Sheriff says more people are missing as weather system sparks flurry of tornadoes across south-eastern US on Sunday
At least 23 people, including children as young as six, have been killed and more are missing after at least two tornadoes struck in southeastern Alabama on Sunday, causing “catastrophic” damage, a county sheriff said, Agencies report.
The tornadoes were graded EF-3, meaning they produced wind speeds of between 158mph and 206mph.
Crews searched a trail of destruction several miles long and a quarter of a mile wide before pausing efforts overnight as conditions became too dangerous, said Lee county sheriff Jay Jones.
“The challenge is the sheer volume of the debris where all the homes were located,” Jones told CNN. “It’s the most I’ve seen that I can recall.”Advertisement
He told WRBL-TV families in the area had “lost everything they ever had”.
At least two tornadoes touched down in Lee county, with the first warning going out at 2.38 pm local time. Several reports were centered around the Smith Station area near Phenix City and the Alabama/Georgia line. Other reports came from the Beauregard area, where wind speeds were estimated at between 136mph and 165mph.
East Alabama Medical Center said it had received more than 50 patients as a result of the tornado and more were expected as emergency workers searched for survivors.
Lee county coroner Bill Harris at 8pm said victim ages ranged from children to adults in their 80s. He said none of the confirmed victims had been formally identified.
“We’re still got people being pulled out of rubble,” he said at 8pm on Sunday. “We’re going to be here all night.”
It is believed that youngest victim, aged six, was Armando Hernandez, who became separated from his mother in Beauregard when the tornado struck. His mother, Kayla Melton, appealed for information on Facebook, writing: ‘Please look for my baby, he’s six years old, his name is Armando Hernandez, he goes by AJ. Last seen on Lee Road 38. Anyone in the area please help me find him please!!!!!’
His death was later confirmed by friends and family on social media.
The death toll is more than double the number of people killed by tornadoes nationwide in 2018, when 10 people died, a record low.
Harris told how fire trucks were drafted in to take victims out of the danger zone unreachable by ambulances and that he had to use his paramedic skills at the fire station until more help arrived.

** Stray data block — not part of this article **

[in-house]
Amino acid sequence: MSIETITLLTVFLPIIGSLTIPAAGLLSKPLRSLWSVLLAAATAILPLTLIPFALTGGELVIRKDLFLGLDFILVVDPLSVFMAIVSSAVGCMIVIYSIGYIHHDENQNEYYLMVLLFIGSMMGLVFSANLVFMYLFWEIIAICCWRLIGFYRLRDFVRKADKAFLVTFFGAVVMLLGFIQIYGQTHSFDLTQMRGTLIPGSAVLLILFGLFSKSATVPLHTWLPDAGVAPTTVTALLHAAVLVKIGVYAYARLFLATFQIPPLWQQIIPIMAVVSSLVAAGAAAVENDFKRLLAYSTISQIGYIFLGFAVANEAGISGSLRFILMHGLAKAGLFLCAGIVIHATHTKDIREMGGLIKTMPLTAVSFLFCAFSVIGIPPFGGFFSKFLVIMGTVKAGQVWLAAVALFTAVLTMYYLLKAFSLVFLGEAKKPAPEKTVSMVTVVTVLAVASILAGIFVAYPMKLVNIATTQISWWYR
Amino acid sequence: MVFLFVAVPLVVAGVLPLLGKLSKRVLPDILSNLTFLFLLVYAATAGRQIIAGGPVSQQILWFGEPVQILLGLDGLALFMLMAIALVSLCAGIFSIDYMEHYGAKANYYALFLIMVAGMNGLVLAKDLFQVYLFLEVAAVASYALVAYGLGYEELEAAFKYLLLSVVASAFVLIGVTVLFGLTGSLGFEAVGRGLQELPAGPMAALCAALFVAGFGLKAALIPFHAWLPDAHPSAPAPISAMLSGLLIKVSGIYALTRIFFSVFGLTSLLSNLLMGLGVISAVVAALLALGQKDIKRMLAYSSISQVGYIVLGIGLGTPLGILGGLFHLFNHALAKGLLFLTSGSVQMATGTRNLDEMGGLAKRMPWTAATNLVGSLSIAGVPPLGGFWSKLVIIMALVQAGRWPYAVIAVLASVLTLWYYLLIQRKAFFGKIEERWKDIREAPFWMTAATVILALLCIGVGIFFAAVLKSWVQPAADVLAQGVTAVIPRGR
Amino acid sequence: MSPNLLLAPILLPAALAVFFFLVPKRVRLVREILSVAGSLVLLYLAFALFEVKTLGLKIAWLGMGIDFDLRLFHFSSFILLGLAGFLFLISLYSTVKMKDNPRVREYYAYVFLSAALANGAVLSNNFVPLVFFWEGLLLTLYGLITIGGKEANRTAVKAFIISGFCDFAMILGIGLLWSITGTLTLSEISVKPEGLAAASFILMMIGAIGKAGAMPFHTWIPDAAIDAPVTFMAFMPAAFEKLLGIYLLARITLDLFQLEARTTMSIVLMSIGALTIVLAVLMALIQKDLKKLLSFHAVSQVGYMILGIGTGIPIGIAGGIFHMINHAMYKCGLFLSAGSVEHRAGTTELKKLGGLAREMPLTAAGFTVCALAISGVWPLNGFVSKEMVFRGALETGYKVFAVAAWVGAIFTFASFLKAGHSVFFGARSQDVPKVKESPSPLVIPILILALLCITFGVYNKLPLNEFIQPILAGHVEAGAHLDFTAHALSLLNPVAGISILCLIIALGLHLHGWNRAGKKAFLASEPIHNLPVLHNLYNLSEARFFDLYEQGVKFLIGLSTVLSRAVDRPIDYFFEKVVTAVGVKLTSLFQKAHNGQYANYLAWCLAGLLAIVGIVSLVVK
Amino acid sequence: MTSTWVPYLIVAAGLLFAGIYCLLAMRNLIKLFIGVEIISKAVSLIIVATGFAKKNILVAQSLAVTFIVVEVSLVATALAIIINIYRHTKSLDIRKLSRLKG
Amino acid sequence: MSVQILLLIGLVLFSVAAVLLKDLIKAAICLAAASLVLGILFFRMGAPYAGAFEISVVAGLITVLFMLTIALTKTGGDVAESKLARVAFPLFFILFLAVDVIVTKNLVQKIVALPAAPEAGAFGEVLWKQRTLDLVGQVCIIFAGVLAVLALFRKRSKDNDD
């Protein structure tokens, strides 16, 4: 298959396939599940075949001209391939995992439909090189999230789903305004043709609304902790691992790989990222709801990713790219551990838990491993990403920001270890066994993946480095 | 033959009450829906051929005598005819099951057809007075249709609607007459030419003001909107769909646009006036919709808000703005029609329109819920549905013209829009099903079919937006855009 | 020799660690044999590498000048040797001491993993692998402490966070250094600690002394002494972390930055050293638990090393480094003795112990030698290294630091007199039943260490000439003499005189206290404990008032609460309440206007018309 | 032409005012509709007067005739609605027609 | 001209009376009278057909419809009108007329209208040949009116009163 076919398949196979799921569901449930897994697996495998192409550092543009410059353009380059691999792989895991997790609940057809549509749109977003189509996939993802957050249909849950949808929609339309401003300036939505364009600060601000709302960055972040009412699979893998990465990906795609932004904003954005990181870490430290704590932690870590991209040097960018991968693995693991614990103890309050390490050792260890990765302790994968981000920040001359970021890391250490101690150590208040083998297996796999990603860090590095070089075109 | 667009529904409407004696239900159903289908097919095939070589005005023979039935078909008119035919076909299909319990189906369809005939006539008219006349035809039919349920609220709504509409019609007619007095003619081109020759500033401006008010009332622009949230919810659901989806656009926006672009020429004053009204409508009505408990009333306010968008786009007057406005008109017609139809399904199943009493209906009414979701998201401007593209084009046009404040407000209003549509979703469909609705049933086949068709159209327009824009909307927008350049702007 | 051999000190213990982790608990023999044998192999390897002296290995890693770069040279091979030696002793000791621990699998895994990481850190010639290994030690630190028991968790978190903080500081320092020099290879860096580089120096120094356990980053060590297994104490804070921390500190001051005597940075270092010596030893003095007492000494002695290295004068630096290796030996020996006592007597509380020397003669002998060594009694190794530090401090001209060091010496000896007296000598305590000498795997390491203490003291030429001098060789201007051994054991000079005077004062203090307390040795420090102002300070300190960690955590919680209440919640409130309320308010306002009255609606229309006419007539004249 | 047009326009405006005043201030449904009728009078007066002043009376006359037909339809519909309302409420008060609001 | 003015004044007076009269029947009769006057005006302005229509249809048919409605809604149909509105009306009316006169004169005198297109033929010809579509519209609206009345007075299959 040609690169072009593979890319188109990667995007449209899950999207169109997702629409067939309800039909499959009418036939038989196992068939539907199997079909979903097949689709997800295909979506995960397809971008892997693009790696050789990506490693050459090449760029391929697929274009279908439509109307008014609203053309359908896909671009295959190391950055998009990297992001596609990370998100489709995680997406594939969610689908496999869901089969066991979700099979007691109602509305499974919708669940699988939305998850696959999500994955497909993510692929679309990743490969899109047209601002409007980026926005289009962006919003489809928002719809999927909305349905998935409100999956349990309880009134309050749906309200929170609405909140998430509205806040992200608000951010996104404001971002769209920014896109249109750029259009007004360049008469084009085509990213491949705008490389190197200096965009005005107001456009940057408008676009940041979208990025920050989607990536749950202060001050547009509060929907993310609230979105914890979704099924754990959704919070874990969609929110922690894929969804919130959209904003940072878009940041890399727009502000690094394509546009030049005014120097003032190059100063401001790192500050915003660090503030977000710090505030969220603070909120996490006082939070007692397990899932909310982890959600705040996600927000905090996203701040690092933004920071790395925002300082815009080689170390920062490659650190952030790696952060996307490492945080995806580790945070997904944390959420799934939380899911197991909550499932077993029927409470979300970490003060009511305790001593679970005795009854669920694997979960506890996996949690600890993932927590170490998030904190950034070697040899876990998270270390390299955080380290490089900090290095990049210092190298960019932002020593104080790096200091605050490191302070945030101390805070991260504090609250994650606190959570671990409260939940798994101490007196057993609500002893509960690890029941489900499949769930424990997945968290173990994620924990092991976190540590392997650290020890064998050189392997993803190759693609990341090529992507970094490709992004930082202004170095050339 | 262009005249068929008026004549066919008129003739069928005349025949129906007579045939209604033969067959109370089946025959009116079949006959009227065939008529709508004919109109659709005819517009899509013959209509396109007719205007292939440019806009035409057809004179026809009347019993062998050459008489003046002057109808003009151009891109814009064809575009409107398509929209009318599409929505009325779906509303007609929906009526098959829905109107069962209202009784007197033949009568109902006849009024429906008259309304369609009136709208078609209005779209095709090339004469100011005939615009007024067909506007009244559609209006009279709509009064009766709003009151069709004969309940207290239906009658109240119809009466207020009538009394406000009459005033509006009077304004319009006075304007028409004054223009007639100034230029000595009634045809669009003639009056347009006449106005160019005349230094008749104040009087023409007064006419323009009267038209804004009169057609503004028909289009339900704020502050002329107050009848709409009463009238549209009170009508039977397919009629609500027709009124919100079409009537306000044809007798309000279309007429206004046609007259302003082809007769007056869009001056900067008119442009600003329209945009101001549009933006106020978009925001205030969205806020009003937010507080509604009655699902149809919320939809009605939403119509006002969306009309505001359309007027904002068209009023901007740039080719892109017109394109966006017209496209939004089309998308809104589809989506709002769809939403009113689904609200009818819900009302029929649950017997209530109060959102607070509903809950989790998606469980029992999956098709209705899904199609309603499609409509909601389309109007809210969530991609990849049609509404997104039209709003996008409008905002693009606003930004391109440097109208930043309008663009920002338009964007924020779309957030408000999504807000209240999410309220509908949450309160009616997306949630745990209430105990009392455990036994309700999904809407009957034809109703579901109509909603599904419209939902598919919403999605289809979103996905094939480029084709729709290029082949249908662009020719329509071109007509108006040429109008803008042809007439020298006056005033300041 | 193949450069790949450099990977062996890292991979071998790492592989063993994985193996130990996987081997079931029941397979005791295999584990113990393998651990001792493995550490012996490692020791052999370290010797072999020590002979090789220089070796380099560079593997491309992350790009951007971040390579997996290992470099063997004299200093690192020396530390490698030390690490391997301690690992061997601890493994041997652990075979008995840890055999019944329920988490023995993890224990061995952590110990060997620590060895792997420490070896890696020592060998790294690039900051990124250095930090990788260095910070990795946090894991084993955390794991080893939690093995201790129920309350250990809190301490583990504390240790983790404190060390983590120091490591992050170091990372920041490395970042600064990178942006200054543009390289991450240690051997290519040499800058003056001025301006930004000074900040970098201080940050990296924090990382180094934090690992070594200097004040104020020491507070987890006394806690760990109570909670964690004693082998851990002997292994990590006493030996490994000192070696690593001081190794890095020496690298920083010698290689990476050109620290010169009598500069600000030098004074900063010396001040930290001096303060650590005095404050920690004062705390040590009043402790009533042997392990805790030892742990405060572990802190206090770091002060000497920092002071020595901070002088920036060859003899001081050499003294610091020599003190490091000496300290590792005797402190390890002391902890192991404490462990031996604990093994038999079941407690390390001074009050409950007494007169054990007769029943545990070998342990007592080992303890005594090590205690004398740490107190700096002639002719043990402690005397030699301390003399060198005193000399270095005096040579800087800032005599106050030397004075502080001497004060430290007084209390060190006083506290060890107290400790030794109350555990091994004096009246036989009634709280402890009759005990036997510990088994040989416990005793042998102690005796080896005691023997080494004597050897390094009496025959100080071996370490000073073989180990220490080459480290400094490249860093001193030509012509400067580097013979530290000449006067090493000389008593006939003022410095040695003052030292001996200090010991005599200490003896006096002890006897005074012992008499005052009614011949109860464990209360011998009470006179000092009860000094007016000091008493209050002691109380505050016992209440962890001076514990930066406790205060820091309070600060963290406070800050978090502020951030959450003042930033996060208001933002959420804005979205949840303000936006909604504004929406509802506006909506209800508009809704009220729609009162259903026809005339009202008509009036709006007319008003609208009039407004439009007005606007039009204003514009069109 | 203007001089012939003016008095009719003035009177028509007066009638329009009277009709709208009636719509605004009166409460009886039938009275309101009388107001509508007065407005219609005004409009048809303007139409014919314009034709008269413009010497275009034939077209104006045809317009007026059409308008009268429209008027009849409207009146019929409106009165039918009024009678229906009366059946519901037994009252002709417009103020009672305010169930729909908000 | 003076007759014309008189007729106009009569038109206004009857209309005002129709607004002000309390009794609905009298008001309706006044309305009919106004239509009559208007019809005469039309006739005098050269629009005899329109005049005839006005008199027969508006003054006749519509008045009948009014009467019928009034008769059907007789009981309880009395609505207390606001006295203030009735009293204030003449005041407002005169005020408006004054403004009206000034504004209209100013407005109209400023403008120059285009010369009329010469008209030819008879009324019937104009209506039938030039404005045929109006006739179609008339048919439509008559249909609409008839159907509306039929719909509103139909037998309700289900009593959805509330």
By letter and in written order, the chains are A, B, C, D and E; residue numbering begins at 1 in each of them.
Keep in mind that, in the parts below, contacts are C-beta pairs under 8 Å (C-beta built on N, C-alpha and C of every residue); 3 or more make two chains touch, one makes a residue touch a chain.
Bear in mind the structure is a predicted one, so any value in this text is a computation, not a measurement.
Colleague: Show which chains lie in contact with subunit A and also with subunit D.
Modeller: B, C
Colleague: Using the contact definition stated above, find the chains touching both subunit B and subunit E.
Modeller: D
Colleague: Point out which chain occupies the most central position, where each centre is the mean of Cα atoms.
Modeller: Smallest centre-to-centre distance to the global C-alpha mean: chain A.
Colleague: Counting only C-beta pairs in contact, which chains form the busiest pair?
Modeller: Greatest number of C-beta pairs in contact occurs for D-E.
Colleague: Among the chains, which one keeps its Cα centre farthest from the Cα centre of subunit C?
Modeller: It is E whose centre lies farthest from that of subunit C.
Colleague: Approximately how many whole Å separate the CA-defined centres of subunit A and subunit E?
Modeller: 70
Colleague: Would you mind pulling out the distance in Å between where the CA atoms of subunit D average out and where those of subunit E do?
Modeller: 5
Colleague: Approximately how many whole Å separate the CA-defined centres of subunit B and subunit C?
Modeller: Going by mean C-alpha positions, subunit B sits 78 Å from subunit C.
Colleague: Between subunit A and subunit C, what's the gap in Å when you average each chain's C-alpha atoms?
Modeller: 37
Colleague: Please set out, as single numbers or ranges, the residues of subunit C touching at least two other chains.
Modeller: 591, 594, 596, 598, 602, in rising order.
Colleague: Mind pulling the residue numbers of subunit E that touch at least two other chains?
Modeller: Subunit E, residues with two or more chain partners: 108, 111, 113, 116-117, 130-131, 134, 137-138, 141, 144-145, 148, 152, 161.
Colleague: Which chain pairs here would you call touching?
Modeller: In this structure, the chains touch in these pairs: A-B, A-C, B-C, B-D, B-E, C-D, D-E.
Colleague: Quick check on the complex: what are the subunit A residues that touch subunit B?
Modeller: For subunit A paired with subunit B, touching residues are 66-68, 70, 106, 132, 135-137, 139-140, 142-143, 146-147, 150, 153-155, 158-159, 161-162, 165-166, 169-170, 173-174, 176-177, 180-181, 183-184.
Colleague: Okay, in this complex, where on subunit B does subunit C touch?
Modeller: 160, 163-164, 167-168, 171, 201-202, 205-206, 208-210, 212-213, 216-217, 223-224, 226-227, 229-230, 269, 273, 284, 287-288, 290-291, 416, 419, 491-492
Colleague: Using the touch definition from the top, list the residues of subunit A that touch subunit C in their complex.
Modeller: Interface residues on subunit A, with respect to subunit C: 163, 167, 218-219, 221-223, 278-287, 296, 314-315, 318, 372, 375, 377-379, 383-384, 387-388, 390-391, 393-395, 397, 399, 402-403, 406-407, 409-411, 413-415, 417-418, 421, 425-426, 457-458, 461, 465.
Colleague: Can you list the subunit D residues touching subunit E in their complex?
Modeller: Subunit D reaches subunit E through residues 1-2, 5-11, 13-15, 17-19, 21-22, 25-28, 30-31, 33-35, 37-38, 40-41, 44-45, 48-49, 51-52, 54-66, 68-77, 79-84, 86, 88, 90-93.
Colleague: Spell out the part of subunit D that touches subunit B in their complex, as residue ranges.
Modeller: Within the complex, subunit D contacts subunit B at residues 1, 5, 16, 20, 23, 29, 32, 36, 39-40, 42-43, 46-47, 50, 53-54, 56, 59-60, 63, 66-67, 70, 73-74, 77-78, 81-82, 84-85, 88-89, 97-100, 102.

“This is a day of destruction for Lee county. We’ve never had a mass-fatality situation that I can remember like this in my lifetime,” Harris said. Some areas were still inaccessible, he added, suggesting the death toll could rise.
The destruction was caused by a severe weather system that crossed the US south-east in the afternoon, sparking tornadoes as it headed towards the Atlantic.
Donald Trump urged people to stay safe, tweeting that the tornadoes and storms “were truly violent and more could be coming”. The president added: “To the great people of Alabama and surrounding areas: please be careful and safe.”
Rita Smith, a spokeswoman for the Lee county emergency management agency, said: “We’ve got about 150 first responders out there. They are doing a phenomenal job.”
She said multiple homes had been destroyed or damaged in Beauregard, about 60 miles east of Montgomery, the state capital.
The storm left more than 40,000 customers in Alabama and Georgia without power, the Birmingham News reported, and temperatures looked set to fall to near freezing overnight.
“Colder air will sweep into the south-east behind the severe weather with temperatures dropping into the 30sF [1C] southward to central Georgia and across most of Alabama by Monday morning,” AccuWeather meteorologist Kristina Pydynowski said. “Those without power who rely on electric heat need to find ways to say warm.”
News footage showed smashed buildings with rooftops blown away, cars overturned and debris everywhere. Trees all around had been snapped bare of branches.
The National Weather Service said it had confirmed a tornado by radar that toppled trees in a Florida Panhandle county, halting traffic on a stretch of Interstate 10 in one direction because of debris.
Meteorologist Don Harrigan with the Tallahassee office of the NWS said a tornado watch was in effect for much of Georgia, including Athens, Augusta and Savannah. The tornado watch also covers a large area of South Carolina, including the cities of Charleston and Columbia.